I got a chance to row my Mixer 6 miles yesterday. Now, I've rowed a total of about 0.5 miles in my whole life, so this was a bit of a milestone for me. My Mixer is set up for primarily sailing, but I wanted to see what the rowing performance was and to start preparing myself for a major future possible "event."

The first 3 miles were into adverse current and wind. There were also lots of powerboaters doing their thing, specifically, churning the water up into washing-machine style waves. Perfect testing conditions if I may say so.

This rowing thing takes some practice. I started out with poorly adjusted buttons, I gripped the handles too hard (I have 3 blisters on my left hand as a result), and I splashed myself quite a few times. But after properly adjusting the buttons, adjusting my rowing stance a little, rowing over stumps, and relaxing my hands on each stroke, I finally found a nice rowing groove that was most pleasant and I could keep up all day (fortunately for my blisters I didn't have to).

Boat performance: I wasn't rowing as hard as I could have; I was going a pace that I could keep for long term. Against the wind and current I averaged 2 knots. The wind would knock the boat around a bit, both upwind and down. Often the boat would respond before I could feel the puff. This was not unexpected, since the rocker keeps the stem and the transom clear of the water. I've installed a skeg, but not really for tracking purposes. If I had put on the rudder, that might have helped. Banging into the chop slowed me down, too. Once I was clear of wind and in calm water, the speed picked up dramatically. After I turned around and went with the wind and current I averaged 3 knots. Not a blistering pace, but respectible for a 12 ft. boat.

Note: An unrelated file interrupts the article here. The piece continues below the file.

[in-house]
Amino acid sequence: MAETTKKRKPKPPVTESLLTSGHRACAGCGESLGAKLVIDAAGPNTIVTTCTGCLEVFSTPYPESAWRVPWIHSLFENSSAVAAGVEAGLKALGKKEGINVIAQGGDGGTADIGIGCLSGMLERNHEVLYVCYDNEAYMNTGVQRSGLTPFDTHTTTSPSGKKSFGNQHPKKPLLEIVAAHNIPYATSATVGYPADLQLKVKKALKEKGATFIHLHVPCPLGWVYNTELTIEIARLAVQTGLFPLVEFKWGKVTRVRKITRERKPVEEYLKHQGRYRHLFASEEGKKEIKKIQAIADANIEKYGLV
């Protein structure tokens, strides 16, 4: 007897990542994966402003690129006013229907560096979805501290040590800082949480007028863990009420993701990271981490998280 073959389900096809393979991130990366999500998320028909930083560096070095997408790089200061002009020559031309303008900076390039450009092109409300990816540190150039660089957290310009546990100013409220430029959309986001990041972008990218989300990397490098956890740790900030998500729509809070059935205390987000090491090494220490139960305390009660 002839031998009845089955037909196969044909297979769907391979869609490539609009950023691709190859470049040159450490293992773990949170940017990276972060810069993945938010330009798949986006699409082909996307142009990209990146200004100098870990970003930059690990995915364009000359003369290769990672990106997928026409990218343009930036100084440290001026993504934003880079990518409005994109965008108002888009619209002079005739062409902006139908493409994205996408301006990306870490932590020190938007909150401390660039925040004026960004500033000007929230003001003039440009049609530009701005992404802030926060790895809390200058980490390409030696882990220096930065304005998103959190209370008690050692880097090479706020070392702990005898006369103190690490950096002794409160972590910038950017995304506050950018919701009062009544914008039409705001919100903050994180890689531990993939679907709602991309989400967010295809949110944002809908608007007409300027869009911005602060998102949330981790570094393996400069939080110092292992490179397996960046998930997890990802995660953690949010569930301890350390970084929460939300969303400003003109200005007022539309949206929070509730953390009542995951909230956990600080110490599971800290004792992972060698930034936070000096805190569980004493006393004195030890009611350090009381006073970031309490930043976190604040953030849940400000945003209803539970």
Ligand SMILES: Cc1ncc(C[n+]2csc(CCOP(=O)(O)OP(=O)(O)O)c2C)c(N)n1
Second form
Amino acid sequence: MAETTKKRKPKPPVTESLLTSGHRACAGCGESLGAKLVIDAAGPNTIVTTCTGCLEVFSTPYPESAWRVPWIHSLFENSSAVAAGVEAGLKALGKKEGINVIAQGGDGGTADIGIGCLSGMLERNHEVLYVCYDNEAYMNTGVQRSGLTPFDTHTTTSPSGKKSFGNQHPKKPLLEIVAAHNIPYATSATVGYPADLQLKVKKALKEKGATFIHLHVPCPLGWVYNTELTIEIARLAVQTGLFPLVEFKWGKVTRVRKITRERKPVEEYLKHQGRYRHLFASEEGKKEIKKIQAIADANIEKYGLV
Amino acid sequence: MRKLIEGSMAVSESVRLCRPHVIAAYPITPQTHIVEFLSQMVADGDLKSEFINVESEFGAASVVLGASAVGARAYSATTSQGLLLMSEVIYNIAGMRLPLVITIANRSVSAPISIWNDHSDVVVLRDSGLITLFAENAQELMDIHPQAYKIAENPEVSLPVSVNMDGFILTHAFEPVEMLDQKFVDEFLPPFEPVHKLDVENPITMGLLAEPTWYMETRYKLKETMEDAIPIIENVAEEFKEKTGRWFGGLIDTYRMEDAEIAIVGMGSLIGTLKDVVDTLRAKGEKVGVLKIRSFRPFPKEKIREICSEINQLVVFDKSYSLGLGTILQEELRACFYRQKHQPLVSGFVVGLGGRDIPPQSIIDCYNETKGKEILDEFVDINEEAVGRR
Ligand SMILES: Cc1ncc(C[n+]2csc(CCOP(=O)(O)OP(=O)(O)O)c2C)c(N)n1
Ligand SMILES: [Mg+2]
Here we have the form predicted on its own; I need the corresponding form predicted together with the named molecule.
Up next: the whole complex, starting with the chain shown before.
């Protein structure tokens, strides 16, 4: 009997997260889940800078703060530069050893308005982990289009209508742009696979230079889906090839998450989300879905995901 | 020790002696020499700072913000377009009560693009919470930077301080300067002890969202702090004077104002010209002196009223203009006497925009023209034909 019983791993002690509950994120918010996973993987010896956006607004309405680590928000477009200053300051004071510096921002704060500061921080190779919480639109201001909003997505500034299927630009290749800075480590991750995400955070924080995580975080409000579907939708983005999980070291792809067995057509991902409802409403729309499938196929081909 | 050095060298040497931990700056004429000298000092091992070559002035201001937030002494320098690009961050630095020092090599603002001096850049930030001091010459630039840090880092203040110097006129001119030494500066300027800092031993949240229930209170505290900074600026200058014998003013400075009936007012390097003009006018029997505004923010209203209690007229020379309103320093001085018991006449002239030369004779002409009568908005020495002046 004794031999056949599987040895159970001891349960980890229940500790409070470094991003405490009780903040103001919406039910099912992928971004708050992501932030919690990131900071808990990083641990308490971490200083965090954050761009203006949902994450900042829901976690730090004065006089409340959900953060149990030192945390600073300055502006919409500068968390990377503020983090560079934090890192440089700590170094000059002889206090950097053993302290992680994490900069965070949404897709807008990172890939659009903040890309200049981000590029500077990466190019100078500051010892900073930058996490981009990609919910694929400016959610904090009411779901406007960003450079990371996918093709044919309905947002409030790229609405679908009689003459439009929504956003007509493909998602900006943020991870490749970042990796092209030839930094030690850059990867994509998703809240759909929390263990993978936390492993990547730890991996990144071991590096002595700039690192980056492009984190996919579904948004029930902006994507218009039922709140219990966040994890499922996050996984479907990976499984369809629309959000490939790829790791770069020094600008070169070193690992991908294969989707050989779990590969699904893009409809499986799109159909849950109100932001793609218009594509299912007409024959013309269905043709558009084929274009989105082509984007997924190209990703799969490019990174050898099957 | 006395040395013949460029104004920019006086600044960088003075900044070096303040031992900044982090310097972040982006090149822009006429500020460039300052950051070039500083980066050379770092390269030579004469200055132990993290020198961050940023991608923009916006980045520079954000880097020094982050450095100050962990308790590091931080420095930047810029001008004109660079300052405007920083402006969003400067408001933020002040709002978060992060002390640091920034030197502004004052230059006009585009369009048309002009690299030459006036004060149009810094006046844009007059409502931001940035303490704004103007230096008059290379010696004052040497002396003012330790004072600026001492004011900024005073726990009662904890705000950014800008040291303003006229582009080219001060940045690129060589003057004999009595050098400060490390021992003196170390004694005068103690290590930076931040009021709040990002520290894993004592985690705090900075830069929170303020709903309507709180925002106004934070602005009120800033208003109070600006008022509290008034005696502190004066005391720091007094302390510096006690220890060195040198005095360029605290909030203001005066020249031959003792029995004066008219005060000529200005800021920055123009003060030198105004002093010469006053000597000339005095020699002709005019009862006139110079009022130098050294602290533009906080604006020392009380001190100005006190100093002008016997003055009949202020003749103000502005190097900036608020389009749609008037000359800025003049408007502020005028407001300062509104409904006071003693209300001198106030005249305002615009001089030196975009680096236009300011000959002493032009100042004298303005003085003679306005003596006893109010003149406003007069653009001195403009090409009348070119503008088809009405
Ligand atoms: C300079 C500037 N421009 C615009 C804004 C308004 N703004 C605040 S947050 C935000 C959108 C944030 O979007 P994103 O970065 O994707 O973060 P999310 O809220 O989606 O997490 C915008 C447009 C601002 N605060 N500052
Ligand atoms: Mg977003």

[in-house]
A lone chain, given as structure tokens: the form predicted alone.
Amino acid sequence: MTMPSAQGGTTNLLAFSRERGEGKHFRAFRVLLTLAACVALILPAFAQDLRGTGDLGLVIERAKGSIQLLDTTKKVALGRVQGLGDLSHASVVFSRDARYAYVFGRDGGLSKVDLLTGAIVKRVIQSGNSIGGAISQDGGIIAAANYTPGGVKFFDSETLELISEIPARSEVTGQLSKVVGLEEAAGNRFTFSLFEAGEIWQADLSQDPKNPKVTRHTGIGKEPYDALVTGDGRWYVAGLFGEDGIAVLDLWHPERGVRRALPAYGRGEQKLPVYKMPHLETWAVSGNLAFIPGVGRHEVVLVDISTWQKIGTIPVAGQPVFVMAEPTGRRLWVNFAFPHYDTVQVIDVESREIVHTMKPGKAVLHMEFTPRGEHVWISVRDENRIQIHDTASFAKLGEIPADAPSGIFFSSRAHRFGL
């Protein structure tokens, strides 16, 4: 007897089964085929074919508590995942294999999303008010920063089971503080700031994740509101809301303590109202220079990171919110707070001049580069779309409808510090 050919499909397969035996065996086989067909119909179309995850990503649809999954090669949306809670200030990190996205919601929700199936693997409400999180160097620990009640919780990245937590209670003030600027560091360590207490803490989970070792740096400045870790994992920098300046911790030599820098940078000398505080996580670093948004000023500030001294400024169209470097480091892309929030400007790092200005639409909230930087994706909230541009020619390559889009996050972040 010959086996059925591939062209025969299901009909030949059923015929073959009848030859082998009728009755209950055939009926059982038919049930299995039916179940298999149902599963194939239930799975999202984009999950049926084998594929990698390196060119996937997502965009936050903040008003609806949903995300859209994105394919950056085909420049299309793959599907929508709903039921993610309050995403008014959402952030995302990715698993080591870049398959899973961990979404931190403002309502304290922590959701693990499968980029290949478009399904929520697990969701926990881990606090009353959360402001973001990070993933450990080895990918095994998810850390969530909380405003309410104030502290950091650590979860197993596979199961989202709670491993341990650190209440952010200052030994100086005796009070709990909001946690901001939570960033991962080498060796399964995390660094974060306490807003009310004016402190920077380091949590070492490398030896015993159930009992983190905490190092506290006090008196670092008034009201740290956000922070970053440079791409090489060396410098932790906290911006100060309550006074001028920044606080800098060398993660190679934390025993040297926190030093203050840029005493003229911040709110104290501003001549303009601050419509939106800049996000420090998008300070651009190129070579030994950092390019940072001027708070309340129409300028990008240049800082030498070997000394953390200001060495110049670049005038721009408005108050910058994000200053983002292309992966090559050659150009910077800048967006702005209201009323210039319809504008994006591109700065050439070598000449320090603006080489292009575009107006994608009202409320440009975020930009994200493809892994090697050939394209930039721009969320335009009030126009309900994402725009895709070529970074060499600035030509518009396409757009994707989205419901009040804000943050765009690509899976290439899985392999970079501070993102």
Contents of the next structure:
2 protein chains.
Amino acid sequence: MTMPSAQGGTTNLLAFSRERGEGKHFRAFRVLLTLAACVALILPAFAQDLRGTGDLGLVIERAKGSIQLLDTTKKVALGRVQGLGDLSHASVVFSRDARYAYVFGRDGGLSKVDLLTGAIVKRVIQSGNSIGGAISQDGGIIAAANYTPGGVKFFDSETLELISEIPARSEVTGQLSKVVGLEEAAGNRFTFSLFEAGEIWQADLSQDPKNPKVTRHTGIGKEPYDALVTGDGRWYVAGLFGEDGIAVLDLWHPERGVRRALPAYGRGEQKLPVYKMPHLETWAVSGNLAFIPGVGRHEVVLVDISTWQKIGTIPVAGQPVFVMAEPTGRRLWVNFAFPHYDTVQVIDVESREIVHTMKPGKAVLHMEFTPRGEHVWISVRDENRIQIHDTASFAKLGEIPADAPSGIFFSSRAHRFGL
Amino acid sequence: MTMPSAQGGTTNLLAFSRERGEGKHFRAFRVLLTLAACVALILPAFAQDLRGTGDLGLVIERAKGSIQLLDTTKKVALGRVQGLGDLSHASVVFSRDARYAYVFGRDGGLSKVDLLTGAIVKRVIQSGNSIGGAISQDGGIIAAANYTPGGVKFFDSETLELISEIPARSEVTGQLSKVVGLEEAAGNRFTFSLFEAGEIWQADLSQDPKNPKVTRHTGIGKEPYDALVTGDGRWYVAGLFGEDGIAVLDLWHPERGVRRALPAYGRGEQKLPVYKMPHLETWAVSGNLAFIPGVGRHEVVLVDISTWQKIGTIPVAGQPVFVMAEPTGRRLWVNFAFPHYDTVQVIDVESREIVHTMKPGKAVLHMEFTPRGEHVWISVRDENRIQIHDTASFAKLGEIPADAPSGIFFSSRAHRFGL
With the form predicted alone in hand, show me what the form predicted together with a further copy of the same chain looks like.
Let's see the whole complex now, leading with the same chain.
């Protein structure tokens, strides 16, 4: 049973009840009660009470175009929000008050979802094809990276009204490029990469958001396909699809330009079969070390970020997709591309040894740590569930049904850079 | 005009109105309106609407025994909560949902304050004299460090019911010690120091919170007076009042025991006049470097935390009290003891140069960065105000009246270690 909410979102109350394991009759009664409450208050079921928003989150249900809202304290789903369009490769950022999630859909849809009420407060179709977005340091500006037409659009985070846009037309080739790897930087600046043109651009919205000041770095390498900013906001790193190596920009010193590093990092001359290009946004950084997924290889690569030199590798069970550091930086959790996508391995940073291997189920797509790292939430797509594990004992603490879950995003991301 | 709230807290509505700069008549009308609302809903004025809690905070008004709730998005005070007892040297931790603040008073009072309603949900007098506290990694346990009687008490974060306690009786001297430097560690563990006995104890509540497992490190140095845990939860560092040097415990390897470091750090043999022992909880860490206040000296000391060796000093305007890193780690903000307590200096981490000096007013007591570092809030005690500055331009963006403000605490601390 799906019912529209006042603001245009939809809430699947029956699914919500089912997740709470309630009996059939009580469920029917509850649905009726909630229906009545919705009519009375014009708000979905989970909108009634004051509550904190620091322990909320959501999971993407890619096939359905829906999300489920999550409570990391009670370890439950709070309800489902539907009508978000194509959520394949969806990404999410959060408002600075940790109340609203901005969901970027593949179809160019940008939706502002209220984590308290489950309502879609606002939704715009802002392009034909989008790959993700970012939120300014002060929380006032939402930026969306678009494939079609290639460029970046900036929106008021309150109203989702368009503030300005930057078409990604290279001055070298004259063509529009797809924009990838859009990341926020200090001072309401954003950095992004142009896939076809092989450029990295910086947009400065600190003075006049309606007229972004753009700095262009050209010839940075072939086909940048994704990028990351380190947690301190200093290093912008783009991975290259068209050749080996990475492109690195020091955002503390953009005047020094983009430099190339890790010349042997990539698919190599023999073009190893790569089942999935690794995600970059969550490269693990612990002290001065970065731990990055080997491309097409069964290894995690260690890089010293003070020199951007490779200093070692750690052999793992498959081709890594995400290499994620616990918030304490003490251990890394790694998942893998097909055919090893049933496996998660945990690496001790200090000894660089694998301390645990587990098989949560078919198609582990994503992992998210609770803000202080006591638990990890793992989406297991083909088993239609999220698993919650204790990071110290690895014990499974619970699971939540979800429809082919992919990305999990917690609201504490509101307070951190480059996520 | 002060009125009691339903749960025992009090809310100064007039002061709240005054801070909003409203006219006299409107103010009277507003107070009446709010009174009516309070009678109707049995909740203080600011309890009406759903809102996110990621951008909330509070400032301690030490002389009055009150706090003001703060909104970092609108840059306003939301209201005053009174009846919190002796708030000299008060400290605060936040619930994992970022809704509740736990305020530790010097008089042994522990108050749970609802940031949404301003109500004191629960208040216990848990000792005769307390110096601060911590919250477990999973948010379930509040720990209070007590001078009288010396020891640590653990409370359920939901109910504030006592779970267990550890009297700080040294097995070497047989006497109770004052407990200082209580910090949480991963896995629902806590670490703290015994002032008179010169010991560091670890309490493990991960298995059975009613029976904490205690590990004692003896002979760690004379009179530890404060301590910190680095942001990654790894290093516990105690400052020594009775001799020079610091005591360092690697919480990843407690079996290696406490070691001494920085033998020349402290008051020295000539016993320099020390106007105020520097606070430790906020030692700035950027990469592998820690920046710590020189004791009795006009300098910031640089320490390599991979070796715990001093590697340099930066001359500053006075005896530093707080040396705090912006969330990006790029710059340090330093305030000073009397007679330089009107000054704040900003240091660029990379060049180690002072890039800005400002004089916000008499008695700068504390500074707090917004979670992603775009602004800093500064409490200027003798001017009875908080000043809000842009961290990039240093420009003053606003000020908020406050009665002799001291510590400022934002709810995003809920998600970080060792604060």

One problem I had was the oarlocks. I have closed bronze locks, and the angle I need to put the oars in the water was enough to bend them at the top of the shaft. I might try open locks next time.

After my blisters heal a bit, that is.

The rowing test completed, I had to wait to the next available weekend to try sailing my Mixer. This time I had my son along with me to add an element of "family outing" to the event. Conditions were similar to the rowing trip-same ramp, same choppy water from all the speeding powerboats, and a bit more wind. But the breeze was puffy, squirrelly, and cantankerous. Once again, perfect conditions for sailing sea trials.

The tide was unusually low, so most people were having trouble launching their boats. I didn't, since I used the Seitech dolly, but I had to wait a bit for a ramp to clear. Once launched, I hoisted the sail and prepared for getting underway while my son held the boat near the dock. During the maiden voyage and the rowing test, I was impressed by the Mixer's stability. But soon I was inadvertently testing an extreme case. In rushing to depart the launching area, I was giving instructions to my son on how he needed push us when he let go of the dock. You see, sailing terminology is not part of my son's vocabulary. "Haul away to starb'rd," "Avast heaving," and "Trice the main brace!" will go right over a 9 yr. old's head. So in the process of explaining